#define ARR_SIZE sizeof(arr)/sizeof(arr[0])
The following code doesn't prints anything why it is?
The code is correct. plz explain the logic #include <stdio.h> int arr[] = {10,20,30,40,50}; #define ARR_SIZE sizeof(arr)/sizeof(arr[0]) void main() { for(int i= 1; i < (ARR_SIZE1); ) printf("Hello %d\n", arr[++i]); } Thanks & Regards Vinu 
Re: #define ARR_SIZE sizeof(arr)/sizeof(arr[0])
"Vinu" <vinuwarrier@yahoo.com> wrote:
> The following code doesn't prints anything why it is? > The code is correct. The code you showed is not correct, in at least two aspects; and neither is asking for homework answers on Usenet. HTH; HAND. Richard 
Re: #define ARR_SIZE sizeof(arr)/sizeof(arr[0])
Vinu <vinuwarrier@yahoo.com> wrote:
> for(int i= 1; i < (ARR_SIZE1); ) Hint: Usual Arithmetic Conversions.  Stan Tobias mailx `echo siXtY@FamOuS.BedBuG.pAlS.INVALID  sed s/[[:upper:]]//g` 
Re: #define ARR_SIZE sizeof(arr)/sizeof(arr[0])
see the Expert C ProgramIng , deep C secretes for the answer.

Re: #define ARR_SIZE sizeof(arr)/sizeof(arr[0])
> > for(int i= 1; i < (ARR_SIZE1); )
Just remember to always compare unsigned values with a macro value. Basically you need to initialize i to 0. Soo, I would have main as: int main() { int i; for(i= 0; i < ARR_SIZE; ) printf("Hello %d\n", arr[i++]); return(0); } Also ensure that main has a int return type. The return value should be a constant SUCCESS defined in one of the standard headers.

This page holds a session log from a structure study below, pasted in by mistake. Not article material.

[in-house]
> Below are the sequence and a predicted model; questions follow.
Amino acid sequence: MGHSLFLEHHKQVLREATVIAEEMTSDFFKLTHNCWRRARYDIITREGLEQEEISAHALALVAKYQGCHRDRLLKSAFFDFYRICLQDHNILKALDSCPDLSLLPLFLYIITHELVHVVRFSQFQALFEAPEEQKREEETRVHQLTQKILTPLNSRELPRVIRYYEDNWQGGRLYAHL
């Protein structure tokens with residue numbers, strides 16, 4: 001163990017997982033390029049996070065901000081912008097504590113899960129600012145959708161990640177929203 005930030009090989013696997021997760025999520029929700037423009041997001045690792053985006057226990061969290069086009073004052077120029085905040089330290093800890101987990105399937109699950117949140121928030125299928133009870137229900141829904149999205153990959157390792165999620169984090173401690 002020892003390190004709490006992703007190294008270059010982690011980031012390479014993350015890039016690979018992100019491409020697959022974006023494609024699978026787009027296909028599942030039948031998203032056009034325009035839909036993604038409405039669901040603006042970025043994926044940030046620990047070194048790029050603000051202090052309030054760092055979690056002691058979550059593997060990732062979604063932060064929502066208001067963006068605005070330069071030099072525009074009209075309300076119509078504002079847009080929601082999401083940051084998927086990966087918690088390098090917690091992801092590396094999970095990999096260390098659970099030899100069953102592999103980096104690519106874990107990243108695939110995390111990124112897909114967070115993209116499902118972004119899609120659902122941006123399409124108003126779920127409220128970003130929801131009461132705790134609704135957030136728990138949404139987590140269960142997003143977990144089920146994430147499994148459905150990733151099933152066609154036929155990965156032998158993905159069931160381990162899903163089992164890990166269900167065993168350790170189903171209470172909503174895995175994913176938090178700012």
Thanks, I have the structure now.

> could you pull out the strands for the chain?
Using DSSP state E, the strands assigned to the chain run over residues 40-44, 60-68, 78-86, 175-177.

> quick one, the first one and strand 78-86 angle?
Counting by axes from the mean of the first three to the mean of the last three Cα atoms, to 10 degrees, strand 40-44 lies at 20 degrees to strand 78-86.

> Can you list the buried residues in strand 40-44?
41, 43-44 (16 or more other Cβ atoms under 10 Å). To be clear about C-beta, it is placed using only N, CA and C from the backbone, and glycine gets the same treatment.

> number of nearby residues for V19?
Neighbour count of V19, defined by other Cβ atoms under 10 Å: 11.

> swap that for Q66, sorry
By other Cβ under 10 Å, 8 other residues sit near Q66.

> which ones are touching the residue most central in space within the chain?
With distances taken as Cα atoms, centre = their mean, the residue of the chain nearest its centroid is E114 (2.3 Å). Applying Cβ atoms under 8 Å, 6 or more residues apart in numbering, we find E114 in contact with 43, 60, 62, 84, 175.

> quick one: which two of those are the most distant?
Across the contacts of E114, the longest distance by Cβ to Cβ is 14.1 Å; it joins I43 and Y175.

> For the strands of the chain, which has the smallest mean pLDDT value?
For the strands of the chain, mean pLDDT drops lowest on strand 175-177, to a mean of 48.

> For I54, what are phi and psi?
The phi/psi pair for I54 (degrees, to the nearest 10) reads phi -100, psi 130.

Re: #define ARR_SIZE sizeof(arr)/sizeof(arr[0])
Vinu wrote:
> The following code doesn't prints anything why it is? > The code is correct. plz explain the logic > > #include <stdio.h> > > int arr[] = {10,20,30,40,50}; > > #define ARR_SIZE sizeof(arr)/sizeof(arr[0]) > > void main() int main(void) > { > for(int i= 1; i < (ARR_SIZE1); ) ARR_SIZE has type size_t, which is an unsigned integer type (presumably at least unsigned int). According to the Usual Arithmetic Conversions, i is converted to this unsigned type, whereby 1 becomes the maximum value for that type, which is definitely bigger than 4. As a result, the loop body is not entered at all. Of course, whoever wrote this code knew all that and simply wanted to present an example  nobody in their right mind would write an actual for loop in this way. > printf("Hello %d\n", arr[++i]); > } Christian